Tuesday, November 12, 2013


'Data mining' – the computational extraction of meaningful information from large data sets – includes a technique wherein you count how many times a word appears in a book or a set of books.  From it we learn that 19th-century American authors mentioned 'Europe' more than we realized; so, critics can reposition these writers as a part of a cosmopolitan discourse. But, as Stanley Fish asked, what if the word 'Europe' comes after the words 'never been to'? Such scientific readings ignore literature's actual wonderful stories and meanings. We must act to stop it.
There are other ways literary academics have perverted our reading. Academics frequently look at a work's relationship to colonialism. Thus, Shakespeare's The Tempest is now about the Caribbean in the European imagination. Beyond this thematic hijacking, esteeming Shakespeare itself is seen as complicity in Euro-centric dominance. Western students are told they must abandon their own literature for that of 'the other' in the name of post-colonial social justice. In fact, literature isn't even called literature any more, it is just a 'text,' meaning a socio-cultural artifact. Really!
Largely anti-western, some academics claim that the global spread of the web has now made national boundaries obsolete. But westerners do not go online to read Chinese news in Chinese. We read about our own nations and cultures in our own languages. The nation has not disappeared into cyberspace. What the Internet has done is diminish our attention spans. Thus, rather than use the Internet as an excuse to undermine attention to our national literary classics, academics must uphold cultural standards by modeling attention to our substantial works.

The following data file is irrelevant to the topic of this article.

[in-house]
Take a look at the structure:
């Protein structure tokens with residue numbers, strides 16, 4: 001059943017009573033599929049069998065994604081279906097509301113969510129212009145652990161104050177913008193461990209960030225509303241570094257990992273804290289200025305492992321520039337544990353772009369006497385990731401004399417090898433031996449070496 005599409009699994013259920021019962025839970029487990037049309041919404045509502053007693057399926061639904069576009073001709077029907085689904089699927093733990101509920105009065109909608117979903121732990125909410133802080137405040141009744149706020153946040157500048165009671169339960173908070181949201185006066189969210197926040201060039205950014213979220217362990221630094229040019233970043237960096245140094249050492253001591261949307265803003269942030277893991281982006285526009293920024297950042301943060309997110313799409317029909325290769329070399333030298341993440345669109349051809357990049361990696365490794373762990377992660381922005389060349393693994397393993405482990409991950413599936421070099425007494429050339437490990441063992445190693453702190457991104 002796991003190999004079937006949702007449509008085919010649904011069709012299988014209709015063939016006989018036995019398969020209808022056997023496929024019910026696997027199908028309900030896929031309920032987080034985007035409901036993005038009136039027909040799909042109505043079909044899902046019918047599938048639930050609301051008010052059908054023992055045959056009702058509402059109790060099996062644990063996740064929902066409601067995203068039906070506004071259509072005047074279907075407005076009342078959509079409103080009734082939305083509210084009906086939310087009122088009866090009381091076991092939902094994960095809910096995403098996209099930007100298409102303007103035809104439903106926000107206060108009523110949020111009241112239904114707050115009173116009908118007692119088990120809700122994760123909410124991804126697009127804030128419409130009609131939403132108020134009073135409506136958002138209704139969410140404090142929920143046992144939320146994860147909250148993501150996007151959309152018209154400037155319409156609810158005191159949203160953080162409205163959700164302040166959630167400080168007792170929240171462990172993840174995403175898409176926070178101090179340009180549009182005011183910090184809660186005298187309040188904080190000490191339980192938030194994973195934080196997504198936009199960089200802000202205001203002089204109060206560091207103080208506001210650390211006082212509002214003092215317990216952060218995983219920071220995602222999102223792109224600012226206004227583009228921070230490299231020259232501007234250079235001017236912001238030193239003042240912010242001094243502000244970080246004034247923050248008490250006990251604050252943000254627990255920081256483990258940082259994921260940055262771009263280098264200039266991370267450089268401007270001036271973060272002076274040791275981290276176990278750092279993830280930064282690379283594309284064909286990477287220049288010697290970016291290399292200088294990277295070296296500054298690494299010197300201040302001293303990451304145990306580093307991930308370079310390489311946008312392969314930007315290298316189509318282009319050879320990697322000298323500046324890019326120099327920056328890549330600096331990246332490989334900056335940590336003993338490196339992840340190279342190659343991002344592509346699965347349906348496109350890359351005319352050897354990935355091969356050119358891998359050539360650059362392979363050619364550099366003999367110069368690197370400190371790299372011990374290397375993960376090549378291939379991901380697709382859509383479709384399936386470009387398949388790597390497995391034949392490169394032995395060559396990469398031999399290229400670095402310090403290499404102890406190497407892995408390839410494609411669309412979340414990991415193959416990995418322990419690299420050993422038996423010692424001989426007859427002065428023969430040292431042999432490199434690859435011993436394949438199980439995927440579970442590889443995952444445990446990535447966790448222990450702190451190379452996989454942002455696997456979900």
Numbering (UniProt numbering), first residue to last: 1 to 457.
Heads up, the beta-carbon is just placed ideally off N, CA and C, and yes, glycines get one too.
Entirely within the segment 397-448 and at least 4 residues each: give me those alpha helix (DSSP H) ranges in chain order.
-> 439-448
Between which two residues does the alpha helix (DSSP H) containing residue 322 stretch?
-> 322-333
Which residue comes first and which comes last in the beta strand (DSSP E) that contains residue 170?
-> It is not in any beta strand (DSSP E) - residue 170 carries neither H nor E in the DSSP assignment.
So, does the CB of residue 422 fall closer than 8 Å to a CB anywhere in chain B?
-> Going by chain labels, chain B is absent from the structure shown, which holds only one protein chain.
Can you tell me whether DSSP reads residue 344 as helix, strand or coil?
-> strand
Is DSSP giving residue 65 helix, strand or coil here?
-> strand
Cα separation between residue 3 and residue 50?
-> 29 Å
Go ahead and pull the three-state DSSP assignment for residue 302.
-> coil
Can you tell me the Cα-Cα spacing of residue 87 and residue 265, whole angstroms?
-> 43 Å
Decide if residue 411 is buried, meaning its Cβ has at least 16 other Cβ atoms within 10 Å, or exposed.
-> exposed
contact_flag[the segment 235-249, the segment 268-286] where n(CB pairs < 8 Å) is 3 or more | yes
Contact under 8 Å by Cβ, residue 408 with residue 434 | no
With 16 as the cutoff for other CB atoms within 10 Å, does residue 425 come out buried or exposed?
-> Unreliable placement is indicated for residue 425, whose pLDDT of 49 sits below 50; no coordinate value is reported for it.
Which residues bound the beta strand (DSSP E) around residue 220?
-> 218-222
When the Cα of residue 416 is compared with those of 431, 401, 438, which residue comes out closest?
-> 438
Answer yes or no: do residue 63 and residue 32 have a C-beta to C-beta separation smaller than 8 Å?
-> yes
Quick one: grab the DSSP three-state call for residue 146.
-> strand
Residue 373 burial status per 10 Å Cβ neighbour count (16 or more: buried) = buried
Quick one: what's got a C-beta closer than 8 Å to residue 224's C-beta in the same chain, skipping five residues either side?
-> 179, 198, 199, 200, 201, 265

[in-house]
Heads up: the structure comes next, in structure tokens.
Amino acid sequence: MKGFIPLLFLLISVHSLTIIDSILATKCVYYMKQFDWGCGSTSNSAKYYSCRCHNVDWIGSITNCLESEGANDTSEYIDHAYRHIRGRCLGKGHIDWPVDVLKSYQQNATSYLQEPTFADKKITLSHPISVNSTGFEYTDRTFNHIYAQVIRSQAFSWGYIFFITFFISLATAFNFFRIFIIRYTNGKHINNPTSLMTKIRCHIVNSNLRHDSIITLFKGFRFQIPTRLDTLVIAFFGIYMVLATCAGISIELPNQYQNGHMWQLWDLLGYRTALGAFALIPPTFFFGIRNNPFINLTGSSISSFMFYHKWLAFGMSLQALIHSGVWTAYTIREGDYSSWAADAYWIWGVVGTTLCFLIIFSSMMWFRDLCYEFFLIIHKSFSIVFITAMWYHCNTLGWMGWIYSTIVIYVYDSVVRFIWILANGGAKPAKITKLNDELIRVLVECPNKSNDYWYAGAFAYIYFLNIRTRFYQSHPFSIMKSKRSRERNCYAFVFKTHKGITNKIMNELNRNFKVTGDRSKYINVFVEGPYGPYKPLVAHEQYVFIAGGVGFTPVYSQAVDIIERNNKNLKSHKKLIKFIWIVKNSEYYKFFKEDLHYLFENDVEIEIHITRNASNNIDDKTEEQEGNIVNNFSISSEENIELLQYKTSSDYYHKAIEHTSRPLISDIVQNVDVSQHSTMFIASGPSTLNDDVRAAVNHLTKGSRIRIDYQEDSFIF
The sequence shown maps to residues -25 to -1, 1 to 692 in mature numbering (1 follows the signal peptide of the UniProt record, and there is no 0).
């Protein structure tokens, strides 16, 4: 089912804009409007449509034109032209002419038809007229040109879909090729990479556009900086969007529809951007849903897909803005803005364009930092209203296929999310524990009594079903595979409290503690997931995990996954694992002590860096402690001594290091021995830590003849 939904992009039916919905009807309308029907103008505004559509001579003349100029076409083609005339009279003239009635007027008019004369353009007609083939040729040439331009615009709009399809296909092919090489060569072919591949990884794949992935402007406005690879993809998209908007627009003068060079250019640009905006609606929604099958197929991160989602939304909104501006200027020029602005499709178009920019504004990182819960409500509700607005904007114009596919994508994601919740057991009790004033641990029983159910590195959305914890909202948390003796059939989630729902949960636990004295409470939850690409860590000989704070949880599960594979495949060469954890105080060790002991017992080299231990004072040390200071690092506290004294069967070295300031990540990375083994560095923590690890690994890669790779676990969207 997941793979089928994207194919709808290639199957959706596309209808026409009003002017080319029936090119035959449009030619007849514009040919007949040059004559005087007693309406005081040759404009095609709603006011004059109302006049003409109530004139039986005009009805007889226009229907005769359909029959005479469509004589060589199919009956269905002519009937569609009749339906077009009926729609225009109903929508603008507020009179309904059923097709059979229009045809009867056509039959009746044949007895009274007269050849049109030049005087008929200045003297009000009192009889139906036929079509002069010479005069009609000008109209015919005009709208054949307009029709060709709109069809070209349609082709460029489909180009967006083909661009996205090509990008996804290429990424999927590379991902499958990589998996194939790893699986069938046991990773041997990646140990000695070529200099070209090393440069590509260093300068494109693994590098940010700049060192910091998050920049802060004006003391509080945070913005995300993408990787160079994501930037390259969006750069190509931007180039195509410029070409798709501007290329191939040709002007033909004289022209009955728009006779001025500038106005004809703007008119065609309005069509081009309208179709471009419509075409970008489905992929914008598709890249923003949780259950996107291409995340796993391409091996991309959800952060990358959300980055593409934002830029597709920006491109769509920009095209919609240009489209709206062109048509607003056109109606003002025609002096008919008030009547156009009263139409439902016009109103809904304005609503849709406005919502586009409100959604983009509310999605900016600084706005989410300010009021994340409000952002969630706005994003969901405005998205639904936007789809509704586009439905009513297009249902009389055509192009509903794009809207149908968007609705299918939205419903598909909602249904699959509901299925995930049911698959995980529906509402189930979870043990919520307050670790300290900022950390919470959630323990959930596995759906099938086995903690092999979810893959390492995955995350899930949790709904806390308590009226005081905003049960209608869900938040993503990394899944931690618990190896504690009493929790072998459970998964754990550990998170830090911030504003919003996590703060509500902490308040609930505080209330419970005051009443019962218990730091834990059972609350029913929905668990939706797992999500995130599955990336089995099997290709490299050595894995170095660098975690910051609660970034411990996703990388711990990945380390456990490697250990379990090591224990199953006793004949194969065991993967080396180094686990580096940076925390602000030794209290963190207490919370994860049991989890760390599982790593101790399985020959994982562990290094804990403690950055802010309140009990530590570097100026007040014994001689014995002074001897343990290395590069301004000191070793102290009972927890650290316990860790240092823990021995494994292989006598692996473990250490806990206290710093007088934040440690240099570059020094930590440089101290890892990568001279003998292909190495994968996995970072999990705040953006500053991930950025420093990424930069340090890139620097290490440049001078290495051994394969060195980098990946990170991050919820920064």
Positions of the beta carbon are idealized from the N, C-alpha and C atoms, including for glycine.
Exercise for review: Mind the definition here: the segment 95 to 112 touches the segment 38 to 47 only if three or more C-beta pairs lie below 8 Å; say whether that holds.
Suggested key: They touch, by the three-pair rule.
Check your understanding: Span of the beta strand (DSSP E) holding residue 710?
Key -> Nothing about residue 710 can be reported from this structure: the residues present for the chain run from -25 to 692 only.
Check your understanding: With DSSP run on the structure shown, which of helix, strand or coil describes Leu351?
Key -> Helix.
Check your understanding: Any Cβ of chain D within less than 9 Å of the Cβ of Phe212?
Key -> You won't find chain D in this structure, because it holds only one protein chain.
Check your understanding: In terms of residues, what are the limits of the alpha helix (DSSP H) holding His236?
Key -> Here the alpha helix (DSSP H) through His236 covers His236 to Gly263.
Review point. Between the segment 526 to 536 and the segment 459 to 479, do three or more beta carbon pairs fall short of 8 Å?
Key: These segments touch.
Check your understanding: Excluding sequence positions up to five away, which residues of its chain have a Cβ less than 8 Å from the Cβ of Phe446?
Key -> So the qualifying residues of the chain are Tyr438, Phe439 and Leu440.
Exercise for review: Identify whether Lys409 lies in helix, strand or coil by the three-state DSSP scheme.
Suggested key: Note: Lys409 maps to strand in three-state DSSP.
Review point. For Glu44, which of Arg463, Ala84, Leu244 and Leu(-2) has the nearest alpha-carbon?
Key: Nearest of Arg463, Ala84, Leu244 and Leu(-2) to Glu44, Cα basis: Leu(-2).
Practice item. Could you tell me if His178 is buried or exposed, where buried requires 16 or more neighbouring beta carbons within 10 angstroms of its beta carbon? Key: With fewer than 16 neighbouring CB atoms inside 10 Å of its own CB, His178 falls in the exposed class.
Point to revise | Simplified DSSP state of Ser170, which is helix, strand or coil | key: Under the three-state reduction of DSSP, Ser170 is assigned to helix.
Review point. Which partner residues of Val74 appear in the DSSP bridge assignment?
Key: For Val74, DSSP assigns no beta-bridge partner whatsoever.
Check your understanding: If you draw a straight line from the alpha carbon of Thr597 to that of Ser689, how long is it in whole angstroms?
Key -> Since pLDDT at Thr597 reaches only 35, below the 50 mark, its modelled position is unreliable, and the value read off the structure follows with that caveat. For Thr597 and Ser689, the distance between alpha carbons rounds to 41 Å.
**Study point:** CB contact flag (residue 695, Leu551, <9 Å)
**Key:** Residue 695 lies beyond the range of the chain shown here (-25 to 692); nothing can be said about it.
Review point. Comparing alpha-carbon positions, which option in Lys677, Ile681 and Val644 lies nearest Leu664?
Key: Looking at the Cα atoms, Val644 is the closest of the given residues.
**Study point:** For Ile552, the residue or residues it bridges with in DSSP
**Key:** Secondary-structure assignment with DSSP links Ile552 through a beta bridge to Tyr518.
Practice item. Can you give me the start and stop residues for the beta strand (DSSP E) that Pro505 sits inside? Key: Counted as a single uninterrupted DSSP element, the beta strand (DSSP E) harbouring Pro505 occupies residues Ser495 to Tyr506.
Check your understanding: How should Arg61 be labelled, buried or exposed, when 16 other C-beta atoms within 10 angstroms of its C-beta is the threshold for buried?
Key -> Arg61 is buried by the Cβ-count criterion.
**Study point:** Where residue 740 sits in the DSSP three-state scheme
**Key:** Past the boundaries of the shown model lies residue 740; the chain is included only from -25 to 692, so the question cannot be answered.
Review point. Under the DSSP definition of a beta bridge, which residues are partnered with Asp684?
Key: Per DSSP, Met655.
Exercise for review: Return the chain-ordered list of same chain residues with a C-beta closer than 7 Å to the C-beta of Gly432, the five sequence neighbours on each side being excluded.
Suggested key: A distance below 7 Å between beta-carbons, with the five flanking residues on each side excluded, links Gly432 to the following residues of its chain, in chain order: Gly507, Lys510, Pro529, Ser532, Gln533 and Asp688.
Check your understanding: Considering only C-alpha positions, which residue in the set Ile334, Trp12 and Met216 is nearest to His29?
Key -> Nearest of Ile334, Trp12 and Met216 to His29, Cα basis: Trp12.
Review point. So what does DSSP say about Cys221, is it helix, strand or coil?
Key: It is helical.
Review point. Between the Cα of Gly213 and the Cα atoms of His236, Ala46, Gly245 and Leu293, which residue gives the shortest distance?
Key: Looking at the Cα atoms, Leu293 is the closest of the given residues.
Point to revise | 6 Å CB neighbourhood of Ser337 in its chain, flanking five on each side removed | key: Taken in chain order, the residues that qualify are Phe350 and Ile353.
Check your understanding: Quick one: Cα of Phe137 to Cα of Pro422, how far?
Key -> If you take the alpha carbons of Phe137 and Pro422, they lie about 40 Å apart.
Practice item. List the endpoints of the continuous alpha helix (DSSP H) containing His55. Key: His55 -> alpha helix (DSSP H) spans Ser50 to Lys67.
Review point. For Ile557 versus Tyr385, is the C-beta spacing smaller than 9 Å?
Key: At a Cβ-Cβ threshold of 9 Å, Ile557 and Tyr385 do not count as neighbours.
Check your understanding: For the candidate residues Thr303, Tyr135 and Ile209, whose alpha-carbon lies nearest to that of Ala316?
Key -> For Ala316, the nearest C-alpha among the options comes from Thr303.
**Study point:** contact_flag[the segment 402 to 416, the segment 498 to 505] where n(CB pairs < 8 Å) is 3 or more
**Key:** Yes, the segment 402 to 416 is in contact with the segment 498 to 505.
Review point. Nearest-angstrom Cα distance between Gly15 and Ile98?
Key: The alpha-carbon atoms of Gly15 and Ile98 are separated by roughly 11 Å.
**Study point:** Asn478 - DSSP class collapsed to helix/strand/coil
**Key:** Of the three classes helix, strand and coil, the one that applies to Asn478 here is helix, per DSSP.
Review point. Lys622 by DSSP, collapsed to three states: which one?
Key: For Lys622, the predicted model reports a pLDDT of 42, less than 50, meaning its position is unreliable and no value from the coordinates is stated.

It is wonderful that academics have made us aware of the political implications of the western canon as well as the impact of the Internet on readers' sense of belonging. But, as a pro-western culturist, I draw opposite conclusions from said realizations: we must emphasize our canon because it binds us, because it glorifies the West, because it makes me proud to be from a civilization that created such treasures. And no matter the frequency of the word 'blog' online, we need to esteem longer traditional classics over blog posts to uphold morals, cultivate cultural pride, and raise intellectual standards.
People love stories; we love being a part of the western story. Teaching that literature is a quantifiable tool of imperialist oppression in a post-national world is worse than anti-humanistic, it is anti-western. And, as such, it hurts us collectively and personally. Culturist students must challenge their professors' quasi-scientific, anti-western agendas in reading 'texts.' They must announce their pride in doing the hard work of reading long literature classics in the Internet age. We need to cultivate a generation of tough, literature-loving, pro-western scholars in order to foster a much-needed western cultural renaissance.

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